Research design

Research approach
The SCM follows a mixed method approach: a sample of success and non-success cases was selected by means of a quantitative questionnaire and then interviewed to find the reasons for their success or lack thereof. The findings of the interviews are reported as qualitative data.

According to Brinkerhoff (1989) the real value of a training intervention lies in the application of the KSAs presented during the training. The SCM is designed to answer the following evaluation questions:

a. What has actually happened since the intervention? (i.e. who is using the training in their work; what aspects of the training are being used; who is successfully using the training; who is not using the training successfully?)

b. What results are being achieved post-intervention? (i.e. what outcomes are being achieved; are these outcomes associated with the original programme objectives; are there any unintended results?)

c. What is the value of the results? (i.e. has the training produced meaningful business results?)

d. How can the training be improved? (i.e. what aspects of the training are working well and what areas need to be changed; what barriers prohibit learning transfer; how can one increase the percentage of successful cases?)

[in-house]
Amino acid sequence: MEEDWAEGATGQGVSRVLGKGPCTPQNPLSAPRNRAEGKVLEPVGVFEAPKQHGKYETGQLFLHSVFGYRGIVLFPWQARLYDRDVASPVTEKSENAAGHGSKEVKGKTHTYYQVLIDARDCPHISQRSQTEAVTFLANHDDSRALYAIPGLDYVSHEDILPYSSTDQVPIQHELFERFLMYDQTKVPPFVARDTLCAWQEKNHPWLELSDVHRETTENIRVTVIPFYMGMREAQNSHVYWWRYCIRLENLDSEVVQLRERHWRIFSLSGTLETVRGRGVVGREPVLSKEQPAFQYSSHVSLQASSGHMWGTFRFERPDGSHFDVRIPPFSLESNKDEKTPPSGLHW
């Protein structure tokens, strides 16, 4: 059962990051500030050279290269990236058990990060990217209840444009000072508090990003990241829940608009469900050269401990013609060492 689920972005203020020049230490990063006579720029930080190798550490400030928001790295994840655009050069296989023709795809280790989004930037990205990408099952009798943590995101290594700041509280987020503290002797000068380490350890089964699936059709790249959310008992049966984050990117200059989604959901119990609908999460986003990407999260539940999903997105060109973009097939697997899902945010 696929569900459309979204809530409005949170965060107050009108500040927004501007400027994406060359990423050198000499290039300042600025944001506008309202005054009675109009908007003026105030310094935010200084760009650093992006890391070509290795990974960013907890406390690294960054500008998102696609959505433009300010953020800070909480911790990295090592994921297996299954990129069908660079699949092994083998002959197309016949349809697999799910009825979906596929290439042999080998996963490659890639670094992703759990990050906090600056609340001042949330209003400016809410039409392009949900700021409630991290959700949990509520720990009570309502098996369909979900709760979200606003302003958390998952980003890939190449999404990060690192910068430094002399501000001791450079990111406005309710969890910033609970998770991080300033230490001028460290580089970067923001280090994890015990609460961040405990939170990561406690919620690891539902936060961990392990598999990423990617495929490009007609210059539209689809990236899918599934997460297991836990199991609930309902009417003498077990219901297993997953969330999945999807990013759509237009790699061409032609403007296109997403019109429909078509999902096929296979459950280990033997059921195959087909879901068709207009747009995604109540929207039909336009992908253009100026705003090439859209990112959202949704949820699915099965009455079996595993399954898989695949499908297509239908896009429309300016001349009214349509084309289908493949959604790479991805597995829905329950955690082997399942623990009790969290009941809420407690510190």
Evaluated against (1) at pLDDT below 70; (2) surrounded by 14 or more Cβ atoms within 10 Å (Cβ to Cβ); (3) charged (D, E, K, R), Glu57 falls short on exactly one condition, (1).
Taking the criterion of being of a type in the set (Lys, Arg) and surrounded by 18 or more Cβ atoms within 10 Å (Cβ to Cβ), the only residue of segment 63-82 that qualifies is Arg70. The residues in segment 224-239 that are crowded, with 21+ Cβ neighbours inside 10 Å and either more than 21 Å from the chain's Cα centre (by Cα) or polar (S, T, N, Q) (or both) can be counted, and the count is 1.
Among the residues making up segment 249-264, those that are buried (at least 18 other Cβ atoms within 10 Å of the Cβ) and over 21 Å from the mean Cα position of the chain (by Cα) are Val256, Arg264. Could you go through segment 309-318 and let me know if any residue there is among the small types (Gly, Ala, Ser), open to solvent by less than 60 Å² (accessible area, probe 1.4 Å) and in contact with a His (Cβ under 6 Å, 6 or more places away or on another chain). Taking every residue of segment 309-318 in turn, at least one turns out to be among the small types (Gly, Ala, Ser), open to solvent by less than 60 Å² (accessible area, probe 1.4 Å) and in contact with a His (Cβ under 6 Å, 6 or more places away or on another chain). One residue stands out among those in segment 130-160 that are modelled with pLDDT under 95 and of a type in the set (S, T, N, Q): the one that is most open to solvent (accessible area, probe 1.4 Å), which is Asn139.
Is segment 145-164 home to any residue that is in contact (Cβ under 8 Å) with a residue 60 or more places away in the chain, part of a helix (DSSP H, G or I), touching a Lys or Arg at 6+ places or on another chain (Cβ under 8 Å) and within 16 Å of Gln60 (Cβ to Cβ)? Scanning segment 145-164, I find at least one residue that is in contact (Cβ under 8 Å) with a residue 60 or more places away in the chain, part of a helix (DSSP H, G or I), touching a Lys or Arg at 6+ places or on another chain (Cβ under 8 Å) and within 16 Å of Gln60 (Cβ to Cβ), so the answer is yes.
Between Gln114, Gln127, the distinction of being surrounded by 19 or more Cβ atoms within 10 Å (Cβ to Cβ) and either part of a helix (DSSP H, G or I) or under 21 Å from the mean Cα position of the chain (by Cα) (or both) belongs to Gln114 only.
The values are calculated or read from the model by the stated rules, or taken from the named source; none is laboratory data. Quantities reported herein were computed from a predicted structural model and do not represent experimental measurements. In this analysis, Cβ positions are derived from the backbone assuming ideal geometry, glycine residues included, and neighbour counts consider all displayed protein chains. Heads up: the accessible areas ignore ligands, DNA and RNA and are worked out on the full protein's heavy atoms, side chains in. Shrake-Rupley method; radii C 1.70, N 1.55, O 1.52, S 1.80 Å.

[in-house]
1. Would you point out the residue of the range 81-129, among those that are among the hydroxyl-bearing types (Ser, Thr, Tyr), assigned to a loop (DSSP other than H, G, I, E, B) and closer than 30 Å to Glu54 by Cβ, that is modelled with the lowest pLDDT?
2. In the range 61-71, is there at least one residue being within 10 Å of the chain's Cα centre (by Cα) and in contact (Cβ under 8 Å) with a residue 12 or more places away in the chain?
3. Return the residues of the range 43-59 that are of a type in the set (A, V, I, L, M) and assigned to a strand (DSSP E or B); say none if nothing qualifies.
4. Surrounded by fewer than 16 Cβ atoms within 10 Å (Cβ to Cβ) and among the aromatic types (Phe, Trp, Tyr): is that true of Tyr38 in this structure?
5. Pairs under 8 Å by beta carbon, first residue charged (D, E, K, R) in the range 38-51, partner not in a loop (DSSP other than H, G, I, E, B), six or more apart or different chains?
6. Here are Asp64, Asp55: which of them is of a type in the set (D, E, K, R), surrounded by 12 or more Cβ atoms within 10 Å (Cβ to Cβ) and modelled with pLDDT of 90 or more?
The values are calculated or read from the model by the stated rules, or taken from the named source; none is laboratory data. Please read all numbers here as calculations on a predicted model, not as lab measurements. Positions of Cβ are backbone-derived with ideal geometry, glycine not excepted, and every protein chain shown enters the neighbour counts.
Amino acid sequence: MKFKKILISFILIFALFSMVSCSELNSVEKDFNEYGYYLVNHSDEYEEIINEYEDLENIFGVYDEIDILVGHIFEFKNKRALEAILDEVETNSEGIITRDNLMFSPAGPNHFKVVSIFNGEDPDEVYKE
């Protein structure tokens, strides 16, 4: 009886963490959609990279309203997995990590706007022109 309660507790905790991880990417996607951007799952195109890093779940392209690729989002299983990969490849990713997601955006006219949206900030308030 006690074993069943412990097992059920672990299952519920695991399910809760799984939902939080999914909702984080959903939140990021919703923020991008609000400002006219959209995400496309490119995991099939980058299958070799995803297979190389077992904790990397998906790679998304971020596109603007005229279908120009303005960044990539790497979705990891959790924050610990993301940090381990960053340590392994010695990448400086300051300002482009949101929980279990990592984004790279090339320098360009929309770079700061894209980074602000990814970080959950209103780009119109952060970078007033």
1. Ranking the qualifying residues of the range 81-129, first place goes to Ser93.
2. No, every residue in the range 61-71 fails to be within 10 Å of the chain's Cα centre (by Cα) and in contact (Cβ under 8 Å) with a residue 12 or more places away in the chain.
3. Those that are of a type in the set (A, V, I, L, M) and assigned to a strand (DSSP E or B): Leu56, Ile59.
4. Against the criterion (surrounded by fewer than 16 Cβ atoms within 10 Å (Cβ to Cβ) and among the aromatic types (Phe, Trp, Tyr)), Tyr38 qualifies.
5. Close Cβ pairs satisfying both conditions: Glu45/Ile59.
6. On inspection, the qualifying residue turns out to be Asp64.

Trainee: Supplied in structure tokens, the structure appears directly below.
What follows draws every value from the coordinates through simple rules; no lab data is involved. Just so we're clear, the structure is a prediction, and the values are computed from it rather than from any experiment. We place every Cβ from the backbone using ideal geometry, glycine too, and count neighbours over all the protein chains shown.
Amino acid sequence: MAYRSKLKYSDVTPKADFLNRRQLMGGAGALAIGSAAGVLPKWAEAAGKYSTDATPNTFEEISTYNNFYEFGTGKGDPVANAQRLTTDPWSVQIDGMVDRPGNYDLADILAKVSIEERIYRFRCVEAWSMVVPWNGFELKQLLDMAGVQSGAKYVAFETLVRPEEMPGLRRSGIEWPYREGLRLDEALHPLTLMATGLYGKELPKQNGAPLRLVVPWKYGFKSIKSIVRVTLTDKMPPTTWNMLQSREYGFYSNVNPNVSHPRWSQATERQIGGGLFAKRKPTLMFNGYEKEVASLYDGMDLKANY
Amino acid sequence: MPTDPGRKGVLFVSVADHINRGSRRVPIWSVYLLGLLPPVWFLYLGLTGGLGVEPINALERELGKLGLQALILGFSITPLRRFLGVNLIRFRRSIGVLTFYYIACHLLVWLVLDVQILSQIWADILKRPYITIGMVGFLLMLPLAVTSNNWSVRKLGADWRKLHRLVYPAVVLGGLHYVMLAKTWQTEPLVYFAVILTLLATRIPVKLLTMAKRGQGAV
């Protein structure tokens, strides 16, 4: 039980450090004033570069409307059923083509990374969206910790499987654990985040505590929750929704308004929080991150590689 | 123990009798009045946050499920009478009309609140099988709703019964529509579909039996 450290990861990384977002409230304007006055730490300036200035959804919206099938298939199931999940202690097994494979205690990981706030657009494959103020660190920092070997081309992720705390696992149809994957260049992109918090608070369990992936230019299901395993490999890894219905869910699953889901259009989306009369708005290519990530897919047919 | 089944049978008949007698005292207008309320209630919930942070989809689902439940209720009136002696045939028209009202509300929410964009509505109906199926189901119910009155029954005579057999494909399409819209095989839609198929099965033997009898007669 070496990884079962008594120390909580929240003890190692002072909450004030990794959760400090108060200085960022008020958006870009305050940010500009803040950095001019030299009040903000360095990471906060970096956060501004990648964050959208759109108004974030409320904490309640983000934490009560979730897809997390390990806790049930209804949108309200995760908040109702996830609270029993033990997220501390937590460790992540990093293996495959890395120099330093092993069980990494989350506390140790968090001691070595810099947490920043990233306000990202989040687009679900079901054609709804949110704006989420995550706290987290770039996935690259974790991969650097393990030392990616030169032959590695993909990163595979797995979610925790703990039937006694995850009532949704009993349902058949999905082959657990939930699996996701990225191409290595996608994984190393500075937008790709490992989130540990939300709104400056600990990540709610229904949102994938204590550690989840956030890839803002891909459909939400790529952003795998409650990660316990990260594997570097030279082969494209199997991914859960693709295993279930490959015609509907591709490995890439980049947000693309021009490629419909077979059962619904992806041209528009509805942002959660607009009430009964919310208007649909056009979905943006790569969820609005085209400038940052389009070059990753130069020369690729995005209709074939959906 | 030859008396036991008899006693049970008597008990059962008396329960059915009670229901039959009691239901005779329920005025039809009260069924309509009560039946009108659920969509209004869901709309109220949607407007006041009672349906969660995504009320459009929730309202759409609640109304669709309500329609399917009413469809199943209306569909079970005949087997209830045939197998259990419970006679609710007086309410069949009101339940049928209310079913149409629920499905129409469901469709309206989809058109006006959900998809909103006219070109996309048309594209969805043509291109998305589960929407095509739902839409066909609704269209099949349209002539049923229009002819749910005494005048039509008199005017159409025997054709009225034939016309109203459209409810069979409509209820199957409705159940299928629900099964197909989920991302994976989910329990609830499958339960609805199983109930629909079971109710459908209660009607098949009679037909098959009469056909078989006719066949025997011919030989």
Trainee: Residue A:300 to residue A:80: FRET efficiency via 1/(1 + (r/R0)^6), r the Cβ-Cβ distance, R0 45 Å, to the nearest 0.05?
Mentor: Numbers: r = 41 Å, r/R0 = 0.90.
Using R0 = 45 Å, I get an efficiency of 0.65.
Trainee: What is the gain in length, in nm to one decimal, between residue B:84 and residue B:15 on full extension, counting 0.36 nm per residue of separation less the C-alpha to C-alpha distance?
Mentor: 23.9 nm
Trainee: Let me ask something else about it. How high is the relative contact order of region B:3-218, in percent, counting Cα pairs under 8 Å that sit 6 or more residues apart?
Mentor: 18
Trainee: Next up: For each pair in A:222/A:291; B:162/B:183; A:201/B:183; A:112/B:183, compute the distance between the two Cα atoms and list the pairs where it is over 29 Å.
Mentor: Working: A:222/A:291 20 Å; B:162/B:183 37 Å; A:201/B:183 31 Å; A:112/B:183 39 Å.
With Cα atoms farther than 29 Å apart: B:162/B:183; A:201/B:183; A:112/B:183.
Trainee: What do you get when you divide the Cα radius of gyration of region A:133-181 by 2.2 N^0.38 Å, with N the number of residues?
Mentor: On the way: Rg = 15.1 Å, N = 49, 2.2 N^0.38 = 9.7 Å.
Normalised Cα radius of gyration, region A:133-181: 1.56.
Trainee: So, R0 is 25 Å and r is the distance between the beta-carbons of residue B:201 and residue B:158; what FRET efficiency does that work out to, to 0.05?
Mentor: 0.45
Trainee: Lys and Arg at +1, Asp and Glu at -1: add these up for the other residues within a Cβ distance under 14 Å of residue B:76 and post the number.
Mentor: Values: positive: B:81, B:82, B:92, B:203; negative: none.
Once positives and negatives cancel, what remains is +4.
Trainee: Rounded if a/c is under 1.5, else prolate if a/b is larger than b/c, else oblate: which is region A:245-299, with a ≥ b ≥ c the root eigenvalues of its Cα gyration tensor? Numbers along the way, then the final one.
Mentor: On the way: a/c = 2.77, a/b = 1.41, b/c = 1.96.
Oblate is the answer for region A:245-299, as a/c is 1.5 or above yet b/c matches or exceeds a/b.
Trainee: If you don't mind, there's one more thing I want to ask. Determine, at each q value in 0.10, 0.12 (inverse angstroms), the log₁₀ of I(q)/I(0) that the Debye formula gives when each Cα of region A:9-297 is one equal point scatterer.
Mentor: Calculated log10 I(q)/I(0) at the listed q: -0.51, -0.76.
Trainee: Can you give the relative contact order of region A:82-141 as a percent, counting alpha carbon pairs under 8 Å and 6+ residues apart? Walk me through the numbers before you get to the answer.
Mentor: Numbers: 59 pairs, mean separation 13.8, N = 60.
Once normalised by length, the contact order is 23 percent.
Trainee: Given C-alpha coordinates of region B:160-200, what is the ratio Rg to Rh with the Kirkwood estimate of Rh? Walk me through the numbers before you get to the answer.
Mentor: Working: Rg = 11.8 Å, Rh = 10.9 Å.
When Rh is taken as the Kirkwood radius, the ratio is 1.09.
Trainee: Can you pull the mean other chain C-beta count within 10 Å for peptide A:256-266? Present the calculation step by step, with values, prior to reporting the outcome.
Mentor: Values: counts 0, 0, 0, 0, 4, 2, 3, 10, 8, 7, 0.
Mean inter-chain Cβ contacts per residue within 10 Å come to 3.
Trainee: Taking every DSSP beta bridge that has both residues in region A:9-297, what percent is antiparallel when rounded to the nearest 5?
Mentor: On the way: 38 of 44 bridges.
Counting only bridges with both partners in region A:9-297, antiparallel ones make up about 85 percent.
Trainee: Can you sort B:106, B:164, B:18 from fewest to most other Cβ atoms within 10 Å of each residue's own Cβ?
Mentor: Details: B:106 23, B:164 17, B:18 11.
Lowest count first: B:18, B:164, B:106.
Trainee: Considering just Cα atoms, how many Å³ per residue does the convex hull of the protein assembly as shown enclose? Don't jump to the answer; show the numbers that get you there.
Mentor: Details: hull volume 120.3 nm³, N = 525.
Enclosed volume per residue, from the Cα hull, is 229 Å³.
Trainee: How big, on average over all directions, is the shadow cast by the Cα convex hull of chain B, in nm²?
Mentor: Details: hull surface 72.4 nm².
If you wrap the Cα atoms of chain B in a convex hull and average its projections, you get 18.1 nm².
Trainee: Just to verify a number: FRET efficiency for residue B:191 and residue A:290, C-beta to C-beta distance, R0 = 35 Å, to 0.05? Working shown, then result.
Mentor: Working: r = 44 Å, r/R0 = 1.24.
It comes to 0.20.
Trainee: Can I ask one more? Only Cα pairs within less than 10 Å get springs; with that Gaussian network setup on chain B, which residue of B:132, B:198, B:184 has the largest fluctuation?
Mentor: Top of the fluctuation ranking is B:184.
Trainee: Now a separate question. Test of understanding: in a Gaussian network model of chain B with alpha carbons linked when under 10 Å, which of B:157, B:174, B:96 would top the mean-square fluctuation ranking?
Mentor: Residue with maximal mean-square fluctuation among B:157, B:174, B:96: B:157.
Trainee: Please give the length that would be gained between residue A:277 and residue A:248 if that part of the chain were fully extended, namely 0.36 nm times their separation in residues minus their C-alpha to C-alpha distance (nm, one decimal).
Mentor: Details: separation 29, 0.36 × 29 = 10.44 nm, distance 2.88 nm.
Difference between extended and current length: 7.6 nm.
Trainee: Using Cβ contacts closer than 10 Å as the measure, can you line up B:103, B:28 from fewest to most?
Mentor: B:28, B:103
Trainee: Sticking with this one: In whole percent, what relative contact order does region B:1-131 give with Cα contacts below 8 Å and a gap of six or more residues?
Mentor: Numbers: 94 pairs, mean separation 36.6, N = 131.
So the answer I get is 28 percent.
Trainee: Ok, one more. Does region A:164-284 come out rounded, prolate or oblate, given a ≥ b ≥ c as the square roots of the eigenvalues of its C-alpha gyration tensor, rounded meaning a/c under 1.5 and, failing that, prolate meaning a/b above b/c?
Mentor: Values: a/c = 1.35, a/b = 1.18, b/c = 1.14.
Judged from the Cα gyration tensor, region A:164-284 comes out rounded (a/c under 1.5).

According to Brinkerhoff (2003, 2006a) the SCM evaluation process begins, firstly, by identifying the focus of the evaluation and mapping out the evaluation plan. Secondly, an impact model is designed that represents the intended outcomes of the training intervention for the trainees. Thirdly, once the impact model has been defined, and approved by different stakeholders, the evaluator designs a short survey aimed at identifying success and non-success cases. This is generally a succinct document containing a limited number of questions related to the intended outcomes of the programme, as defined in the impact model. Fourthly, the respondents who scored the highest (success cases) and lowest (non-success cases) on the survey are then selected for in-depth interviews. The interviews explore the nature of the interviewees’ experiences post-training and aim to develop a coherent picture of how the training was used, what results were achieved, as well as which factors supported and which barriers inhibited successful training transfer.

Research method

Research participants